Phony Benoni: I just checked the tournament book, and Lasker was indeed White in this game.
The tournament situation coming into the last round:
Lasker, Mason: 5.5
Van Vliet: 4.5
So Lasker was a full point behind Burn, and winning would only enable him to tie for first. Mason had a bye in this round, while Van Vliet had Black against Loman. (They would eventually agree to a short draw, probably after this game was over.)
Lasker had started quickly with three wins in a row before losing to Van Vliet in round 4; he then picked up two more wins, his bye, and a draw.
Burn had started slowly with a draw and bye, but was now on a six-game winning streak.
The tournament had been played at a rapid pace, with seven games in six days.
For those of you who prefer the sordid motive, here are the prizes:
1st 400 f(lorins?)
By winning, Lasker gets 312.5. A draw guarantees him 225. A loss means a maximum of 175, a minimum of 108.3.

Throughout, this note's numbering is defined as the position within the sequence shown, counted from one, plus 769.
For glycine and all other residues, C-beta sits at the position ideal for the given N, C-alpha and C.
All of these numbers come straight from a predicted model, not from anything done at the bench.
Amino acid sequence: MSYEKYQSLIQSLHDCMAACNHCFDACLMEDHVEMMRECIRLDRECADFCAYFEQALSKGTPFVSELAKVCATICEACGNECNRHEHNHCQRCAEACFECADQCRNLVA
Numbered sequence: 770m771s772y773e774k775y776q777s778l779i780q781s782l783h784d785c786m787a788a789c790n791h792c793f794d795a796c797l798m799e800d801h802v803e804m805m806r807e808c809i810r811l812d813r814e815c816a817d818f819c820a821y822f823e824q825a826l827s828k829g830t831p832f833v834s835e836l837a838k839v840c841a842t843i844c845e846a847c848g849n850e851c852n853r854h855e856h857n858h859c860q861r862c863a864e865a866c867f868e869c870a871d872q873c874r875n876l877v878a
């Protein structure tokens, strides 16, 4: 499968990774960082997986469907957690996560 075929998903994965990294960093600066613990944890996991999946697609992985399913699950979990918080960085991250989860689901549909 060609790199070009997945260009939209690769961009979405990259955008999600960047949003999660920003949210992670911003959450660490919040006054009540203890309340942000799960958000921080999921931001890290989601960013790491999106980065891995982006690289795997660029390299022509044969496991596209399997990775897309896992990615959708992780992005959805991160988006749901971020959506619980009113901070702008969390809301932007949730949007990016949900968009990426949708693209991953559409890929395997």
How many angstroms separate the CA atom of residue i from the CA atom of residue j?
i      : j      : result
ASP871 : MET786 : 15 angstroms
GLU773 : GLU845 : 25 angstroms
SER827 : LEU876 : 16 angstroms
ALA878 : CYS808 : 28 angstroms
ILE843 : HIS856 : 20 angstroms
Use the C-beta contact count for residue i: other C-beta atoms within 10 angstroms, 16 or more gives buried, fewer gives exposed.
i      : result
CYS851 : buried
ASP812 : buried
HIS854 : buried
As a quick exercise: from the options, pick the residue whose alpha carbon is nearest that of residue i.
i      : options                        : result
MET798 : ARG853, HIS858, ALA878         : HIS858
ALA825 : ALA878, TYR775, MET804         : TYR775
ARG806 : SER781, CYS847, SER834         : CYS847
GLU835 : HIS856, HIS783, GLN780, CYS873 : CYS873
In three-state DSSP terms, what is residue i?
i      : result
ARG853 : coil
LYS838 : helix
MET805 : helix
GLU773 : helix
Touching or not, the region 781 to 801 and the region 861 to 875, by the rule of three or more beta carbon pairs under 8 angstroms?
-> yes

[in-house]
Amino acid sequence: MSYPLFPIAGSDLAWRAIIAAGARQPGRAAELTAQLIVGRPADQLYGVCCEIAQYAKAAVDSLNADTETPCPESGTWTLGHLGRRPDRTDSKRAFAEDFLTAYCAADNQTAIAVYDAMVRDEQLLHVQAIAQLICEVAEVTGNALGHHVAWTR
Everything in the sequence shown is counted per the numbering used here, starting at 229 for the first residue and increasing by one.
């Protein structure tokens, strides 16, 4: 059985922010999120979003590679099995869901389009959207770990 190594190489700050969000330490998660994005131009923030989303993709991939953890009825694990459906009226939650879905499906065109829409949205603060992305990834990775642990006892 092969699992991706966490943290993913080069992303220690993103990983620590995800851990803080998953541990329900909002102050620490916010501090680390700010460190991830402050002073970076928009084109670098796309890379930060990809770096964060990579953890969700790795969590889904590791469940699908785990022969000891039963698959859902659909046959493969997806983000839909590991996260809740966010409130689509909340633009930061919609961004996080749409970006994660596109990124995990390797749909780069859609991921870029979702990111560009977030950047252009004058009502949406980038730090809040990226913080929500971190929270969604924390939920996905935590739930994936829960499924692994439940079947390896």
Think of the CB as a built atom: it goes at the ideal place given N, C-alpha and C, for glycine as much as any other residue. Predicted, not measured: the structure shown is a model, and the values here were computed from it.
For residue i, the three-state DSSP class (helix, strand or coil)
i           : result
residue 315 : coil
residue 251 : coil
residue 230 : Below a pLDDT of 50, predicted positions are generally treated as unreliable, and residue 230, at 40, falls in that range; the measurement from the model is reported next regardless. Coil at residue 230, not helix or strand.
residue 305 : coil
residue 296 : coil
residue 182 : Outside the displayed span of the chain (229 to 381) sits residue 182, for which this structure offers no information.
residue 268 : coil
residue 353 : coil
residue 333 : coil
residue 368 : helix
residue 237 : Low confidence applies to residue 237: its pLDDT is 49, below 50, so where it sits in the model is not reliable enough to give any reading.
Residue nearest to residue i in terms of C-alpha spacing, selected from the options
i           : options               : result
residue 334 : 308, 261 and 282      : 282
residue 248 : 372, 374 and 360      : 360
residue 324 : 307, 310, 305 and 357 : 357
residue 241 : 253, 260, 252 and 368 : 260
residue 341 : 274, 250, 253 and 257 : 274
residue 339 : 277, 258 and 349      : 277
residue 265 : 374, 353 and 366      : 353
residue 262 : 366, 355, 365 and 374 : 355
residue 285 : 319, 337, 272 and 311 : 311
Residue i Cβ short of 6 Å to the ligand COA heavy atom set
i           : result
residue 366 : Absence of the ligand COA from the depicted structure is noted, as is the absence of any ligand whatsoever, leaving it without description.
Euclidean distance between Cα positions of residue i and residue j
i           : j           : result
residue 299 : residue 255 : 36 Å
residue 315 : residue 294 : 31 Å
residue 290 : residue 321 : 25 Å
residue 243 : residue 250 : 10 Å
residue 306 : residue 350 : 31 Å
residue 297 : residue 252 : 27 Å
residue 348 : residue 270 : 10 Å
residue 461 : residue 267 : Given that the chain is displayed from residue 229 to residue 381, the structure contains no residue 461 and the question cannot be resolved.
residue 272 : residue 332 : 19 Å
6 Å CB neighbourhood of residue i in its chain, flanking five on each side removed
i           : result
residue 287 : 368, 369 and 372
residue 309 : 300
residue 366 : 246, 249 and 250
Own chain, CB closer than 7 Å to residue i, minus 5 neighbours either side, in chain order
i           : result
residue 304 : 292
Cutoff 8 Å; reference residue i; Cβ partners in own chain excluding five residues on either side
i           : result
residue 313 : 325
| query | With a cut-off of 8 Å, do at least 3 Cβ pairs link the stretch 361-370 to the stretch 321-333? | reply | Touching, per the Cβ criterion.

Somebody else can figure the exchange rates and mathematical odds. I would incline to <paulalbert>'s view that Lasker had not yet the developed the strength and self-confidence he showed in later years. That's apparent when you look at some of his games and results from this period. Fatigue (he was never a robust young man) and the fact that Burn had all the momentum may also have been factors.
So I would attribute his decision to prudence, but if others want to call it cowardice there is nothing in the situation to contradict them. However, looking at Lasker's play later in life paints a much different picture.